- Continually improve the residential kitchen and yard waste collection and diversion programs, including for multi-family residences.
- Foster behaviour change to reduce food waste through the “Love Food Hate Waste” educational campaign.
- Partner with CRD to deliver a regional, industrial treatment facility for organic waste by 2025.
Initiate by 2020
- Work with local stakeholders to reduce food waste from restaurants and to divert it from the landfill.
- Reduce additional sources of food waste in the city, such as from the commercial sector and tourism industry.
- Work with stakeholders to reduce and divert other materials that produce methane when landfilled (e.g. wood, paper, textiles).
- Have on-street waste bins that are clearly marked for food waste, recycling and garbage
- Partner with CRD and neighbouring municipalities to get more value from organic waste through pilot programs that stimulate new demand and keep nutrients in the region
Sustainable City Step 4: Lead and inspire with low-carbon, sustainable municipal operations
By 2050, all of the City’s operations, fleet and buildings will be renewably powered. The City has consistently demonstrated a track-record of successful GHG reduction programs and partnerships with community. The City has found innovative ways to minimize energy use and GHGs without diluting the quality of public services or the quality of community life.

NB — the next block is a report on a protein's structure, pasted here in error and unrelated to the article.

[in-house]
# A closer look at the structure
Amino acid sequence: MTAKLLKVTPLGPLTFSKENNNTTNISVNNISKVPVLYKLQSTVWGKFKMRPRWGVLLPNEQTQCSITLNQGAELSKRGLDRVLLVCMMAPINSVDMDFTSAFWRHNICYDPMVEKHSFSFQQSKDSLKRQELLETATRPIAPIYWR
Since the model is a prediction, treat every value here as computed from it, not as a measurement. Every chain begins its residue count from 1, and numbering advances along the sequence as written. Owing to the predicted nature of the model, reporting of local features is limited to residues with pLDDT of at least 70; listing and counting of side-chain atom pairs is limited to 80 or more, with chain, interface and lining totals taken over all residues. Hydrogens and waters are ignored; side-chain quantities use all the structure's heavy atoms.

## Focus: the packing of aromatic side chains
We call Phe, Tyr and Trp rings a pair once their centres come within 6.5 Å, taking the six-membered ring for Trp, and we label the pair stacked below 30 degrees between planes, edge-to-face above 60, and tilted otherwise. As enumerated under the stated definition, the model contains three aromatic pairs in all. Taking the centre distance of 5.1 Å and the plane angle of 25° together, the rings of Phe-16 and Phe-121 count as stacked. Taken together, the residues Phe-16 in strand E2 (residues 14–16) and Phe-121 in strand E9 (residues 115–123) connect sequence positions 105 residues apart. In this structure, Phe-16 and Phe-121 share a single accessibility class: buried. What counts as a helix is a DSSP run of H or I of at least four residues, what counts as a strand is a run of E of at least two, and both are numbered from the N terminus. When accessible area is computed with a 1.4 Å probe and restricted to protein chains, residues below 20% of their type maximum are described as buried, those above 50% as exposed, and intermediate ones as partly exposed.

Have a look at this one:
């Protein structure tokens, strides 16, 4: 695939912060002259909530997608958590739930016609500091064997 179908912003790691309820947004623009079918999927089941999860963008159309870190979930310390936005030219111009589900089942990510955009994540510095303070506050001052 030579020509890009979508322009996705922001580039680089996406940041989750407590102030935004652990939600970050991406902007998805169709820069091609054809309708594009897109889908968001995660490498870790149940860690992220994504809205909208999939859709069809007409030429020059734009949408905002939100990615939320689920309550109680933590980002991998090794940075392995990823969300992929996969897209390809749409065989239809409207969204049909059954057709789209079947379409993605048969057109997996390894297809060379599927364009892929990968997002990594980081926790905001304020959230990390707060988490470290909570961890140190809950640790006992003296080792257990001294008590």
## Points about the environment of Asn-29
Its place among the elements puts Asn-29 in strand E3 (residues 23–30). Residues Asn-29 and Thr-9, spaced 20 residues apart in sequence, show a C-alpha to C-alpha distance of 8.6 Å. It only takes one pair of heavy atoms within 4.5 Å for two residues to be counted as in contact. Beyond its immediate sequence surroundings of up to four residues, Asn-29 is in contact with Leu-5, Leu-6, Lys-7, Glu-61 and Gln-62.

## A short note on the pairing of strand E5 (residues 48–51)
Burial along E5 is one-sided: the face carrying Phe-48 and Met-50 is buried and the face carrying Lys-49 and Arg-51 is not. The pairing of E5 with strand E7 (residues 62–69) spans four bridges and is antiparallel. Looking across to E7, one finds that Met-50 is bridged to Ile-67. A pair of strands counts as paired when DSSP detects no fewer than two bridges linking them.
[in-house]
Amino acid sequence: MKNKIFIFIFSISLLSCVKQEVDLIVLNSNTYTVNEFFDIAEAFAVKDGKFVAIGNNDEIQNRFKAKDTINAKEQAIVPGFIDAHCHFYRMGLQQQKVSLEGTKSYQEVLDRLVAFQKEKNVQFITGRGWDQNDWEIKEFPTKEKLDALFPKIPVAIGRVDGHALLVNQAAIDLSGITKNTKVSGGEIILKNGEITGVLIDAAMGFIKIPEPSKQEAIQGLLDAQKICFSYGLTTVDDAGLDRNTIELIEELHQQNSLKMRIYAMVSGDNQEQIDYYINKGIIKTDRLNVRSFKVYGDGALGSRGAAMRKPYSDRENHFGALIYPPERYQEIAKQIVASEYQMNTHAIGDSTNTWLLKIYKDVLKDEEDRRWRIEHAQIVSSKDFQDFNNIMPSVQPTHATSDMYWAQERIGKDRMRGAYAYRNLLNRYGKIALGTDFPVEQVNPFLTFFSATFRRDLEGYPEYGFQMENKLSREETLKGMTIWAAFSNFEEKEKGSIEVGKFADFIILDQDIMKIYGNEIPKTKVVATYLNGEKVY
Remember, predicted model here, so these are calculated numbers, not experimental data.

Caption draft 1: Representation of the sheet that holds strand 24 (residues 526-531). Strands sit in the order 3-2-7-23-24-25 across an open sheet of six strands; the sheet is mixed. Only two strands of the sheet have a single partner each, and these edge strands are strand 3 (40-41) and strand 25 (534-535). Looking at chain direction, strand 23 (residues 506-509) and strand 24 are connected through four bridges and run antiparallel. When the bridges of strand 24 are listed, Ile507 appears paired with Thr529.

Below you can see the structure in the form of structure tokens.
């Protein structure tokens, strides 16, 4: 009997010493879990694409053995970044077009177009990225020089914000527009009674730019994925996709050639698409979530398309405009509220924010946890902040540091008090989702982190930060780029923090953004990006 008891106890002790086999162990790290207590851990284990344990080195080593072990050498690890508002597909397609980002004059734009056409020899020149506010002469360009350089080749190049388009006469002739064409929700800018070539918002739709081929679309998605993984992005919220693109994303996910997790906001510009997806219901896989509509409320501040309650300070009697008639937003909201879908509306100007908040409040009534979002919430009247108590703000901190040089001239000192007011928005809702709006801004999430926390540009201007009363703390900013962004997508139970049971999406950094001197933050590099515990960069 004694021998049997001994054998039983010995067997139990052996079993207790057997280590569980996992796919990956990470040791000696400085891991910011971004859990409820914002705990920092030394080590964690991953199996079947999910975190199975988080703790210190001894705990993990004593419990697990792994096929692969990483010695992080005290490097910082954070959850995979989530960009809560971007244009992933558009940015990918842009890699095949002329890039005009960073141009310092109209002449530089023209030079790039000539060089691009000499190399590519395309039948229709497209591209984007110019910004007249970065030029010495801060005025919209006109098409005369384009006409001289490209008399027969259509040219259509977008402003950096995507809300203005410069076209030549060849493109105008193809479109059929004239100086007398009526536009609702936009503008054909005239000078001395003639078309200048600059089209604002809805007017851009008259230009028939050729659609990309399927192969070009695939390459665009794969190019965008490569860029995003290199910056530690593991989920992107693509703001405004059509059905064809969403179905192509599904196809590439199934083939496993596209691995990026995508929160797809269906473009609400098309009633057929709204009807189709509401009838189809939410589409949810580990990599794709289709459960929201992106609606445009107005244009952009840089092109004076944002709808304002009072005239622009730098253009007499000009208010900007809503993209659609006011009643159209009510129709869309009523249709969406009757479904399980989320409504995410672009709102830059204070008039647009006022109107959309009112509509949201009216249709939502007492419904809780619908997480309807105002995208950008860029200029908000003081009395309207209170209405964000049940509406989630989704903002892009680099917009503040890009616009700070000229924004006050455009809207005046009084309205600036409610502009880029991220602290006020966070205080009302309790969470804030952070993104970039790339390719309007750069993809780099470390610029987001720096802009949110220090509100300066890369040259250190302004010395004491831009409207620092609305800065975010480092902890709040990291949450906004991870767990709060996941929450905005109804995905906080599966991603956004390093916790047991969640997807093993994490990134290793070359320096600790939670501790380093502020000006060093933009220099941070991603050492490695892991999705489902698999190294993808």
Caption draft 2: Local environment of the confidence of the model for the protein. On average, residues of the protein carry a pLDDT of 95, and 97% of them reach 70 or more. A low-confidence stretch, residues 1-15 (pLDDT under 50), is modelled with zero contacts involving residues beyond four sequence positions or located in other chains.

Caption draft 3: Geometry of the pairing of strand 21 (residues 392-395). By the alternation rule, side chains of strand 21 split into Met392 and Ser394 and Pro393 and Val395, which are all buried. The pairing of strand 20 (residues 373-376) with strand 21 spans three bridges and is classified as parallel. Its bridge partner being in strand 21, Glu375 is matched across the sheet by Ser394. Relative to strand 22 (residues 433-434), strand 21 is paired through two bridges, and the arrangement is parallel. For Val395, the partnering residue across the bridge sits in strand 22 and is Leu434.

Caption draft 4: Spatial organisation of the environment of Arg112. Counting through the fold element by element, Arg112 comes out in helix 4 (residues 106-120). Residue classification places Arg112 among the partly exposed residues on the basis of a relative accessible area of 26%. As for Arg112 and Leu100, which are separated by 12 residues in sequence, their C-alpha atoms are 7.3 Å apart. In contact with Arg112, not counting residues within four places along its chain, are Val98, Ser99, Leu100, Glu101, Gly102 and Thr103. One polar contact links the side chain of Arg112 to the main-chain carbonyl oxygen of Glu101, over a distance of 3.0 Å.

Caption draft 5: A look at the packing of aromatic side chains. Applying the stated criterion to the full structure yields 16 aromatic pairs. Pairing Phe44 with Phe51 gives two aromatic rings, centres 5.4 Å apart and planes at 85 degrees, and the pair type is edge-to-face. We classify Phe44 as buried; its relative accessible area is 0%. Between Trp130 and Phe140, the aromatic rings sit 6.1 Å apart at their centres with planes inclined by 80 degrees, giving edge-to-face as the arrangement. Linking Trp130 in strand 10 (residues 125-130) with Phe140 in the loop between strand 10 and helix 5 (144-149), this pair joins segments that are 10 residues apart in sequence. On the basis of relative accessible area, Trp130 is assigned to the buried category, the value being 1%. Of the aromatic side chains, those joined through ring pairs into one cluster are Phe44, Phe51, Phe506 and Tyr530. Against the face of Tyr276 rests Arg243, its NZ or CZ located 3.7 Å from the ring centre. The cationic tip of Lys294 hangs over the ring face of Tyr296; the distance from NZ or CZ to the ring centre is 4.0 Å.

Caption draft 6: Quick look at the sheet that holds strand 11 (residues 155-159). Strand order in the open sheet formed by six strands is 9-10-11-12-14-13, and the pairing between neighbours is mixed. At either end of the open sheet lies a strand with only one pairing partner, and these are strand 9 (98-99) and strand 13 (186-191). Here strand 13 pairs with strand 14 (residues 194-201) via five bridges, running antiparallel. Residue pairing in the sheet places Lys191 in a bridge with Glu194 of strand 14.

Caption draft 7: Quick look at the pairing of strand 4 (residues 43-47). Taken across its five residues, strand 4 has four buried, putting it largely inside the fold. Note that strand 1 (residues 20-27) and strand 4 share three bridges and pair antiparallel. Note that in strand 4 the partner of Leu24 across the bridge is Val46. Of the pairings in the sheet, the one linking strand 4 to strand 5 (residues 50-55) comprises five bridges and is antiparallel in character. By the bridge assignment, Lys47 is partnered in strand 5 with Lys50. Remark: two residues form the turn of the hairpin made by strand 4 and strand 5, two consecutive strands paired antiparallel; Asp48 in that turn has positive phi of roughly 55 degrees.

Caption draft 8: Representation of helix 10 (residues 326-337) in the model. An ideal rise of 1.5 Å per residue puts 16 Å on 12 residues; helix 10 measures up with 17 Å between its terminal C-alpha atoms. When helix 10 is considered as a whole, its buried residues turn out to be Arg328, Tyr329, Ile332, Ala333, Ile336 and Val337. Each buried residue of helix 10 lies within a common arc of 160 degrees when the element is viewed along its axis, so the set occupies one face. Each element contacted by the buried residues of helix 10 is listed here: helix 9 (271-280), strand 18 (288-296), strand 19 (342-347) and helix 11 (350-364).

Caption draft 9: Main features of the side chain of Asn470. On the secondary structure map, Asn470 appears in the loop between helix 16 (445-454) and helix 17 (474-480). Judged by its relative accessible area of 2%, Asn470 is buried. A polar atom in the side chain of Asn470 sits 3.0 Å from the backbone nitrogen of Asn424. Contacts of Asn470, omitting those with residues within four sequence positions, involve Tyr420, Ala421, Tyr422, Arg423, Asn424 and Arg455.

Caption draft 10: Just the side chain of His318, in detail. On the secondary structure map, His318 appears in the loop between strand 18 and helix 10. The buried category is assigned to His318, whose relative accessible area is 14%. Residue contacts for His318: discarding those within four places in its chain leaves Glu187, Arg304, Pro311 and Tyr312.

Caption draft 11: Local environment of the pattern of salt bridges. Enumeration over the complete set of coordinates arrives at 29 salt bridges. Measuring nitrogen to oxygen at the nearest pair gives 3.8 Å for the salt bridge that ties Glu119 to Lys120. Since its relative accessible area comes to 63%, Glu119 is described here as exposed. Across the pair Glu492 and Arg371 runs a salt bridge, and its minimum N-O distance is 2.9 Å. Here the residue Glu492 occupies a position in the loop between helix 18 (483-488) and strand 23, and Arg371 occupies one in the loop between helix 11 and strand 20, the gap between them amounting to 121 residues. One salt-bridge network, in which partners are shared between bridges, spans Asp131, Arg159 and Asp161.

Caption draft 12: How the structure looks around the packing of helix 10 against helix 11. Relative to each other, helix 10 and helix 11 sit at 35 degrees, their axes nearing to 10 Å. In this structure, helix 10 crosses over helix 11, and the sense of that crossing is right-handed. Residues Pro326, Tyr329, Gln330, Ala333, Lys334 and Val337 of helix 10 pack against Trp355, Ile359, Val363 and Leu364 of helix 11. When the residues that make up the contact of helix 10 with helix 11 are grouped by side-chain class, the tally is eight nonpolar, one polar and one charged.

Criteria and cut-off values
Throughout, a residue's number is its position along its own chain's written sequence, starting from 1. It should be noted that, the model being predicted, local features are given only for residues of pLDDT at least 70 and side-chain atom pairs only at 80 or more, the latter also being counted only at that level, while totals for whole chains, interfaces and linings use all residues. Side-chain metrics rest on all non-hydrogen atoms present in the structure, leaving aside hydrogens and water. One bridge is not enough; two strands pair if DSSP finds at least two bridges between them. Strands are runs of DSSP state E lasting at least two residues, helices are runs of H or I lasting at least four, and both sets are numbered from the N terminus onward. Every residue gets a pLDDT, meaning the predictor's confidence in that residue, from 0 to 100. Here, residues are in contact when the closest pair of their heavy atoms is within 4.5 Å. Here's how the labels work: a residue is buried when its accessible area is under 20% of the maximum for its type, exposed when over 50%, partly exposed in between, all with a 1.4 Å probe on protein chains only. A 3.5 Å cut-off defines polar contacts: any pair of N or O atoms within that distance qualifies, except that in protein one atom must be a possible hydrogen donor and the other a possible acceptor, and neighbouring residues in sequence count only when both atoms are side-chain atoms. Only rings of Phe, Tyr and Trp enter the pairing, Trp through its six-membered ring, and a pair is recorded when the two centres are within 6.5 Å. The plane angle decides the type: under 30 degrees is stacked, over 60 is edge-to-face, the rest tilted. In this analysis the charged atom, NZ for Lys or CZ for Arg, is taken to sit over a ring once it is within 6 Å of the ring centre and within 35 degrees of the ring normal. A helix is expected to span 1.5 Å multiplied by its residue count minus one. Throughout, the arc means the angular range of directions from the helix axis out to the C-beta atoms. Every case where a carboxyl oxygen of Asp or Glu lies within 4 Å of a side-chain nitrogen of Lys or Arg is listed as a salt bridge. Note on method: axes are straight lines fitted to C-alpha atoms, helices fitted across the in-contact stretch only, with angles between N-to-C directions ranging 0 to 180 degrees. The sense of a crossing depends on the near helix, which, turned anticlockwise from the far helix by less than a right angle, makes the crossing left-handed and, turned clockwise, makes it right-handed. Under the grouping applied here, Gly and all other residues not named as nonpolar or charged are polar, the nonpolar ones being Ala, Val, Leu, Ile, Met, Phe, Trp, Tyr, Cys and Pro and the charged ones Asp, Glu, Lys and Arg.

- The City is a recognized leader in climate mitigation and adaptation.
- The City takes integrated and informed climate action.
- The City will provide timely and accurate data supporting strong climate mitigation and adaptation actions.
- Establish a two-year staff corporate energy and climate action position using matching funds from an external partner. Join BC Hydro’s Corporate Energy Manager Program.
- Plan for City vehicle electrification systems and networks.
Initiate by 2020
- Develop a corporate energy and emissions management plan — including a ‘triple bottom line’ accounting system — to assess and balance environmental, social and financial risks and opportunities. The plan will also support deep energy retrofits for existing facilities.
- Incorporate climate action performance measures into the City’s annual budgeting process.
- Develop a Climate Action Economic Assessment Tool for both GHG mitigation and adaptation actions to identify the high-priority community programs that will deliver the most affordable GHG reductions for buildings, transportation and waste management.
- Expand procurement policies to include sustainability performance criteria, including GHG production, and avoidance of all types of waste.
- Update the corporate building policy for new construction to reference BC Energy Step Code requirements and provide staff training to support its adoption.
- Formalize fleet electrification through the City’s fleet master planning process.
- Where electric vehicles are not available, switch to low carbon fuels.